MRSA in the Dental Office

Laura A. Stokowski, RN, MS

Disclosures

April 01, 2011

In This Article

Drug-Resistant Pathogens in the Dental Office

Most people are aware of the risk for infection associated with hospitals, ambulatory settings, and long-term care. But what about the dental office? Patients who seek dental healthcare could easily, and even unknowingly, be carriers of methicillin-resistant Staphylococcus aureus (MRSA) or another multiple drug-resistant organism (MDRO). When taking clinical history prior to treating dental patients, staff rarely ask about infectious diseases, and many patients who are colonized with MDROs are asymptomatic, leaving dental staff in the dark with respect to the exposure risk to themselves or to other patients. The risk to immunocompromised patients could be even greater.

Amy Collins, MPH, an epidemiologist in the US Centers for Disease Control and Prevention's (CDC) Division of Oral Health, dental infection control, highlights the differences between acute-care settings and dental offices with respect to the risk for transmission of infectious agents. "In dental outpatient settings, the opportunity for transmission is different: shorter time of patient contact, consistent use of gloves (minimal skin-to-skin contact), minimally invasive procedures that interrupt the protective skin barrier, more frequent environmental cleaning, and so forth, should reduce the transmission risks. This setting is unlikely to require the same level of procedures/contact precautions as acute-care or long-term care settings."

Do MDROs Lurk in the Dental Office?

In recognition of a potential risk for transmission of infectious agents in ambulatory healthcare settings, a few recent studies have focused on the dental clinic. One such study investigated the possibility that droplets of the patient's saliva, generated by high-speed rotating instruments used in restorative dentistry, could be laden with bacteria that contaminate surfaces, instruments, and personnel. Rautemaa and coworkers[1] gauged the environmental contamination by measuring the distance that airborne droplets could travel and the types of viable pathogens contained in those droplets. They were alarmed to discover that bacterial droplets dispersed by rotating and ultrasonic devices used during dental treatments contaminated surfaces up to 2 meters (7 feet) from the patient in various directions.

In another study, MRSA was recovered from numerous surfaces of a hospital-based dental operatory, including the air-water syringe and the patient's chair. Kurita and colleagues[2] cultured 140 consecutive patients and 8 were found to be colonized or infected with isolates identical to the strains found on surfaces in this dental care setting. Horiba and coworkers[3] found that isolates of methicillin-resistant staphylococci recovered from dental surfaces were identical to strains cultured from the oral cavities of dental office staff. Prospero and associates[4] showed that aerosolization can deposit microbes not only on dental surfaces but also on the faces of dental healthcare workers. The generalizability of the findings of these few studies conducted in dental clinics to other settings is unclear.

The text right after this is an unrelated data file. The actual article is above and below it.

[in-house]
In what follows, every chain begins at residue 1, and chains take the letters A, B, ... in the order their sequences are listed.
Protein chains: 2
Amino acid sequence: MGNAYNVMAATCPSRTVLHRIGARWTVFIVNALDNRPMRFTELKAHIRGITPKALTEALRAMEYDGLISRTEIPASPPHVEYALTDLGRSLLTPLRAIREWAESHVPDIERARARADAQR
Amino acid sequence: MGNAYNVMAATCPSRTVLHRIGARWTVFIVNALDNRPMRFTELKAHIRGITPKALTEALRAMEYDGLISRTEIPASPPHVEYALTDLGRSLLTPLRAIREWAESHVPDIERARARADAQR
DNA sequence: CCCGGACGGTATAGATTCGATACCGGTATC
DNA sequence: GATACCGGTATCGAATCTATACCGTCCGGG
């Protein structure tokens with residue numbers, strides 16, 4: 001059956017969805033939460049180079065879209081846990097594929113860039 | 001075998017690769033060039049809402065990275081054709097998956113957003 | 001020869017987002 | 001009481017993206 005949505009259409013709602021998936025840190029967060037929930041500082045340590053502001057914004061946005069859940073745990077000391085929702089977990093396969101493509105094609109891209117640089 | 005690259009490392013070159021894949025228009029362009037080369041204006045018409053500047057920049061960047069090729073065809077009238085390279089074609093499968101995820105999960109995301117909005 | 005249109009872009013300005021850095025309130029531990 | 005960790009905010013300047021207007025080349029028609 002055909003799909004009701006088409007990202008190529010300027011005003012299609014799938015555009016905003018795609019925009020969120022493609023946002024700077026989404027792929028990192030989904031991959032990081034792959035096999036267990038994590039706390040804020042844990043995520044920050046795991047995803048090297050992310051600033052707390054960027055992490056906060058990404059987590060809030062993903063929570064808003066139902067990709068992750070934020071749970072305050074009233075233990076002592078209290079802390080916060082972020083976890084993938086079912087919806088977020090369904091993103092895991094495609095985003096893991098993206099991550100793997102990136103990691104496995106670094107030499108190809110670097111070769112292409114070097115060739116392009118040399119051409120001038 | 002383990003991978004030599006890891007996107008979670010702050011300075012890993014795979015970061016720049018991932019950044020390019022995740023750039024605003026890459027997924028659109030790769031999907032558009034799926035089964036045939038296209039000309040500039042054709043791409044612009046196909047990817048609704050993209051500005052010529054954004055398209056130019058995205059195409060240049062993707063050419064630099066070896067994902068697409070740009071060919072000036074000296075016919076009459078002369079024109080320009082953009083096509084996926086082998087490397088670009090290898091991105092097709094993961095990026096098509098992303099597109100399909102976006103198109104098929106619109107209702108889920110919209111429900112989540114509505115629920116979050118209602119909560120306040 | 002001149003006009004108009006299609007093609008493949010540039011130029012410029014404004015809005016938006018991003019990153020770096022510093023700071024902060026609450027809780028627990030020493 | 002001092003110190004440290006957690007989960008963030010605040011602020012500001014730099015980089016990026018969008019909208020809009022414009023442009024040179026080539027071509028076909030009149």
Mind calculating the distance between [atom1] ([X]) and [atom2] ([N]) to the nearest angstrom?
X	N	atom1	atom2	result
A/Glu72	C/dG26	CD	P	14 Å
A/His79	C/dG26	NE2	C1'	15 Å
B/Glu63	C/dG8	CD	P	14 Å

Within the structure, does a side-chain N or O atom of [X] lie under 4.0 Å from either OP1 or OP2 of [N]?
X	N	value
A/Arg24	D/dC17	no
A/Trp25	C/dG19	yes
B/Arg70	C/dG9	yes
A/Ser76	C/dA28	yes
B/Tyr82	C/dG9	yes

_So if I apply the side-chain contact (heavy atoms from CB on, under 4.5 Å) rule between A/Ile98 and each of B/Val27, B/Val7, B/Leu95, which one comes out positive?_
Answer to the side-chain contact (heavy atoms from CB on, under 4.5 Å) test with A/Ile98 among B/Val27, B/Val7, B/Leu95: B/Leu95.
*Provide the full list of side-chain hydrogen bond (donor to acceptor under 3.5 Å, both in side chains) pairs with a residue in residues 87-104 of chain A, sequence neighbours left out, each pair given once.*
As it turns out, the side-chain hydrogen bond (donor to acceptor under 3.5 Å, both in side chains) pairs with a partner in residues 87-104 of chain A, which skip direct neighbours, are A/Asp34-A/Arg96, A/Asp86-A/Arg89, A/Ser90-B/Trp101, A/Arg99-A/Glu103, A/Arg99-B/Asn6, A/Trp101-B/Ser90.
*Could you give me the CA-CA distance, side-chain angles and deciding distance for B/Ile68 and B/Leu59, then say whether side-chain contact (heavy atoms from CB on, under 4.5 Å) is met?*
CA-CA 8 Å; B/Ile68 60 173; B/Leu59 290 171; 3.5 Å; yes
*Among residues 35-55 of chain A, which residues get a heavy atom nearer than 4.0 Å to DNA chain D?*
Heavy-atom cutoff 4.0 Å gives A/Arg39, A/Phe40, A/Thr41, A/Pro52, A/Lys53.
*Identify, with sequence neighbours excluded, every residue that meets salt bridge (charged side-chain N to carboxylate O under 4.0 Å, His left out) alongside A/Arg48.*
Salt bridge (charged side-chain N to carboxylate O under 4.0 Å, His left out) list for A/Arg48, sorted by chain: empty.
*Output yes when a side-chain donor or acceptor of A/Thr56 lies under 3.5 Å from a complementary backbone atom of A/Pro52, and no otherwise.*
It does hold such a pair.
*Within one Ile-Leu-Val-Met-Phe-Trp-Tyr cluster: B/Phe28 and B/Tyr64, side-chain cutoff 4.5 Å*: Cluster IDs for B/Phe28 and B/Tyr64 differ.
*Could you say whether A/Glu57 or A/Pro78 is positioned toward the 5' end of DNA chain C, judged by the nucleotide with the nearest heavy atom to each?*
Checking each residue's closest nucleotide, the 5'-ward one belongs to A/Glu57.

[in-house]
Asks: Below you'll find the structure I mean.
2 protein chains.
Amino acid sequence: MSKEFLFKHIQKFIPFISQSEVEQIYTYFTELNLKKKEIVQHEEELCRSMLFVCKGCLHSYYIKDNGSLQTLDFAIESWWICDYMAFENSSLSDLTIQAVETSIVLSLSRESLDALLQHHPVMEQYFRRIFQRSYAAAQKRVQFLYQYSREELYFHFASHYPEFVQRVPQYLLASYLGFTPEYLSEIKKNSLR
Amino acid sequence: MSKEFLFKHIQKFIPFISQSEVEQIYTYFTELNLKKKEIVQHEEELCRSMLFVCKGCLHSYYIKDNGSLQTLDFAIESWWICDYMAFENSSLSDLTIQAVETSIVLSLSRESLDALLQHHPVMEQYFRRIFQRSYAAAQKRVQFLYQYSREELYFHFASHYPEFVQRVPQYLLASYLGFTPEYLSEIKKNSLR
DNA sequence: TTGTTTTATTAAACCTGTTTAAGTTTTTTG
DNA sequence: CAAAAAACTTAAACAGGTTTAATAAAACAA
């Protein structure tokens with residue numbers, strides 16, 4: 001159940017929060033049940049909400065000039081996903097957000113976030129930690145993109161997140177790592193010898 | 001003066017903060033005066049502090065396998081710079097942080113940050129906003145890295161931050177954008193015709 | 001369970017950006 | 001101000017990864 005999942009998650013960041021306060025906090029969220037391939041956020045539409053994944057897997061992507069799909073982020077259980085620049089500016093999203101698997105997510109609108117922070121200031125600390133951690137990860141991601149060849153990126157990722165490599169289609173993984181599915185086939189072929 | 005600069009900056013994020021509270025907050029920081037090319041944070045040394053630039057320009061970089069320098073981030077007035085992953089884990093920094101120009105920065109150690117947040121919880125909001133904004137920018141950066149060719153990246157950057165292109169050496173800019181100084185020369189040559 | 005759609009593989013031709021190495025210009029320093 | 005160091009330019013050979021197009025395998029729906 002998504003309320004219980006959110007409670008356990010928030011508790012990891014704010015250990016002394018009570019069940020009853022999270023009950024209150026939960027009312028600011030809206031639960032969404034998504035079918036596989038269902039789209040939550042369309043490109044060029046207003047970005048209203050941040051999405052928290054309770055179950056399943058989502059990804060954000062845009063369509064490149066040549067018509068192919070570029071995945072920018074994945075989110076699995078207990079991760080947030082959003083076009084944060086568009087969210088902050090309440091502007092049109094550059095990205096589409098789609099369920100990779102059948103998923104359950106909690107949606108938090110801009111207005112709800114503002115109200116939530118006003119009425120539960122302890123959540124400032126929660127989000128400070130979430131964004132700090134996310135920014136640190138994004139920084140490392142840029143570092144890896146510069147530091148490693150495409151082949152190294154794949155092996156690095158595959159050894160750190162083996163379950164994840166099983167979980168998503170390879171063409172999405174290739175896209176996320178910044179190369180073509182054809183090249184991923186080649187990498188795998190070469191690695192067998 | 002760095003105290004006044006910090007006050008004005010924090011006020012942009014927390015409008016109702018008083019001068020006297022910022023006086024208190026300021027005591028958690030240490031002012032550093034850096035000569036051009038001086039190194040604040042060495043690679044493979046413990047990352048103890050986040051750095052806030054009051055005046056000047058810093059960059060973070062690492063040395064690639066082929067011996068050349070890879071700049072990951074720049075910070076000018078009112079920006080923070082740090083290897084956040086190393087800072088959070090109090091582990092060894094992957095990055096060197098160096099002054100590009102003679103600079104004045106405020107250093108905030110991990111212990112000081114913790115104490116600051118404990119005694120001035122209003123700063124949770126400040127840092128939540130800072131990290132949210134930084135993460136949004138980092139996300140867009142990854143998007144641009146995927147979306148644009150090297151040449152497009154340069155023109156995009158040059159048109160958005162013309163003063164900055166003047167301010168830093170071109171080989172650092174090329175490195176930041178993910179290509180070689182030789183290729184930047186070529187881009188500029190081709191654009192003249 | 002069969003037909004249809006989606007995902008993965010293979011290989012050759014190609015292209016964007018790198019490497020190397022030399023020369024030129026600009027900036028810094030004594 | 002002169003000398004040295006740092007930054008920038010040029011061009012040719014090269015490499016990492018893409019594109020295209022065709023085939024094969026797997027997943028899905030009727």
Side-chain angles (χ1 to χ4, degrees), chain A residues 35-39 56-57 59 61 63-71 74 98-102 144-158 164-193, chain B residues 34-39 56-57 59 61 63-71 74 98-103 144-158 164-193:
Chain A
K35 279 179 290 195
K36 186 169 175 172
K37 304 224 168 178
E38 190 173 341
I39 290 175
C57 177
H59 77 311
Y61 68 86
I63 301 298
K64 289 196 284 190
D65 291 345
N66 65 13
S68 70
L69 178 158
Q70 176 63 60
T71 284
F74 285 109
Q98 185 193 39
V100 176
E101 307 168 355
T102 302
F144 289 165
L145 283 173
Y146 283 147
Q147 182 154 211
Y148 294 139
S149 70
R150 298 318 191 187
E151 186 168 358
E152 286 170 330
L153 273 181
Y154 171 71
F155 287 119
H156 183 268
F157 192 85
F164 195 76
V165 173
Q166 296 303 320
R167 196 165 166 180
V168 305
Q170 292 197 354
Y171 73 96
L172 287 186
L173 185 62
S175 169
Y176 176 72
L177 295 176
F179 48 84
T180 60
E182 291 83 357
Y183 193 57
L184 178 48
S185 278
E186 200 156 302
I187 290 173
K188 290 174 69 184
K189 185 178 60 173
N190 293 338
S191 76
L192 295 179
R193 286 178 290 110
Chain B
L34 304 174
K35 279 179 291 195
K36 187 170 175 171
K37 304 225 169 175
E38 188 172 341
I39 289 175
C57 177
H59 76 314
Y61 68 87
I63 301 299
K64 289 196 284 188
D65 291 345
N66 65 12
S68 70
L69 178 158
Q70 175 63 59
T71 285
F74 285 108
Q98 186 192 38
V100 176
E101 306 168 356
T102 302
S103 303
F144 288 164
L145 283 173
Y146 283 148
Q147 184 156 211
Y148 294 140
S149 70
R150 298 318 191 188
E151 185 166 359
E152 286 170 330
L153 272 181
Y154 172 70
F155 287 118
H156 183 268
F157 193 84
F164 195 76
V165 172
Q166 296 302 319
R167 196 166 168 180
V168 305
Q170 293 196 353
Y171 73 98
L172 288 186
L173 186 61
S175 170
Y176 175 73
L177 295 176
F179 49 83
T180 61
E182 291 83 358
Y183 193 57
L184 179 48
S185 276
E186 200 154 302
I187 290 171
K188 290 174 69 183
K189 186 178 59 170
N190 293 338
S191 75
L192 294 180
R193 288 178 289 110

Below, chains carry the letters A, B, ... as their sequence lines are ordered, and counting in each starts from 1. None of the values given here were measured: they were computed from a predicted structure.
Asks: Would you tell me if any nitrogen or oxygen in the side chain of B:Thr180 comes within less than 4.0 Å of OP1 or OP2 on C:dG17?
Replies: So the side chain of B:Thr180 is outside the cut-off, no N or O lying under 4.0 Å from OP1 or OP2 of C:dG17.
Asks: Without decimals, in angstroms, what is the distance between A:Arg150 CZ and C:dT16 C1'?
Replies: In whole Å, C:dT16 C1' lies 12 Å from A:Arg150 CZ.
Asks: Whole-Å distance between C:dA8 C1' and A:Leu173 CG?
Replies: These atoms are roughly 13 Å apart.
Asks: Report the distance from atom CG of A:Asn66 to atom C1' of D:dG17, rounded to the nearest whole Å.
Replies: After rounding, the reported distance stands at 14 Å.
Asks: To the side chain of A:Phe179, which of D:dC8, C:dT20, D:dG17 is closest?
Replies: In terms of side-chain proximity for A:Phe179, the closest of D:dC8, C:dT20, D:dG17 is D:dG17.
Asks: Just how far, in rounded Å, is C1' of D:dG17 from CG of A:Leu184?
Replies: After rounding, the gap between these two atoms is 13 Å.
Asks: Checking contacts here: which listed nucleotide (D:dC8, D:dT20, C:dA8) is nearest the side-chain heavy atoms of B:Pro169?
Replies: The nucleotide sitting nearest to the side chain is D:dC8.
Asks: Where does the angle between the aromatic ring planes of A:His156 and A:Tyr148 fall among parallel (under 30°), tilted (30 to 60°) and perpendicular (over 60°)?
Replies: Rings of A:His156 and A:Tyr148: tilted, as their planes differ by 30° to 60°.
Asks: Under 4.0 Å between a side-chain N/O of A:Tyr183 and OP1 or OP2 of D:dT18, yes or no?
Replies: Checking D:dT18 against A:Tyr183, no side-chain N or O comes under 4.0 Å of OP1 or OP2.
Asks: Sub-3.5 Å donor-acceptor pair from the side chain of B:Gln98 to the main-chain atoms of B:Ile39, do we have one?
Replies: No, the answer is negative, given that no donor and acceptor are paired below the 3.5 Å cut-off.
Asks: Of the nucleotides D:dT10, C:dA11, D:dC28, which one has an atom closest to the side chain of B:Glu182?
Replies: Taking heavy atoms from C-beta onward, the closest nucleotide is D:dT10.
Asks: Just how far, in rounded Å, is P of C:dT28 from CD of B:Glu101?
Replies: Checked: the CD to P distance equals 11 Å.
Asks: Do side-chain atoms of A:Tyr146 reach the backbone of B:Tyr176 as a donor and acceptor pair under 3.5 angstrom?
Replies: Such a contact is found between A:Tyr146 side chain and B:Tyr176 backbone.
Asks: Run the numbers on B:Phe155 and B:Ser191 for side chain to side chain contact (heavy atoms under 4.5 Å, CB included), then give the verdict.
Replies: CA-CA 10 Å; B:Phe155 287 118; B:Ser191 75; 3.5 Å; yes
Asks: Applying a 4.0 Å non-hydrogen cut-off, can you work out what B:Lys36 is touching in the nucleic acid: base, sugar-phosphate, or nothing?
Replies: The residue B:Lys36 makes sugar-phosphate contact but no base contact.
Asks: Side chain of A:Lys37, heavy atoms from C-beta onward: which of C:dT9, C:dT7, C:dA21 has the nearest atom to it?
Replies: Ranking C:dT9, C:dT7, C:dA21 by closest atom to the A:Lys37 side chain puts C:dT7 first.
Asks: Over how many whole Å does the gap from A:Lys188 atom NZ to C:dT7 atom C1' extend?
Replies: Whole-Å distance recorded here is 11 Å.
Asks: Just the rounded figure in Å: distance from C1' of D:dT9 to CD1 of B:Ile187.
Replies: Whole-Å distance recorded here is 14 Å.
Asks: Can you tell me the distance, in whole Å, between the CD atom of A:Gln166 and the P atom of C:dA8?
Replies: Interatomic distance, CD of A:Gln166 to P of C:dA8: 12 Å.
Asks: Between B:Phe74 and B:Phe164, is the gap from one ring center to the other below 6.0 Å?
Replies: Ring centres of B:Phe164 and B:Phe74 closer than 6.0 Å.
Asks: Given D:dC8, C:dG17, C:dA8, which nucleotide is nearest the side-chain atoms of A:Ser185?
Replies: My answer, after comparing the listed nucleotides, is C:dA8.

Although these studies demonstrate that MRSA can be isolated from environmental surfaces in dental healthcare settings, it is believed that contaminated surfaces play a minor role in MRSA transmission.[5] More important is the potential for transmission of infectious agents directly from the hands of healthcare workers. In 1991, Martin and Hardy[6]described 2 patients with MRSA dental infections that were found to have resulted from a practitioner who did not routinely wear gloves when treating patients. These infections were believed to be transmitted directly by the dentist.

Unlike hospitals and other large healthcare facilities, dental offices typically have no epidemiologists or formally trained/certified infection control experts conducting surveillance and monitoring compliance with infection control practices. The dental team is responsible for taking precautions to protect patients and themselves from infectious exposure. In 2003, the Centers for Disease Control and Prevention (CDC)[7] issued guidelines for infection control in dental health settings that provide the evidence-based rationale for each recommendation. Implementation of these guidelines should prevent or reduce the potential for disease transmission from patient to dental healthcare provider, from dental healthcare provider to patient, and from patient to patient.[7]

Raymond Martin, DDS, a dentist in Mansfield, Massachusetts, and member of the Academy of General Dentistry, acknowledges that "the overall role of the environment in infection transmission is recognized as being more important than we previously thought." At the same time, however, he believes that most dental healthcare professionals are fairly consistent about hand washing and wearing gloves, masks, and goggles because of awareness about the risk for blood-borne viral infection in dental care.

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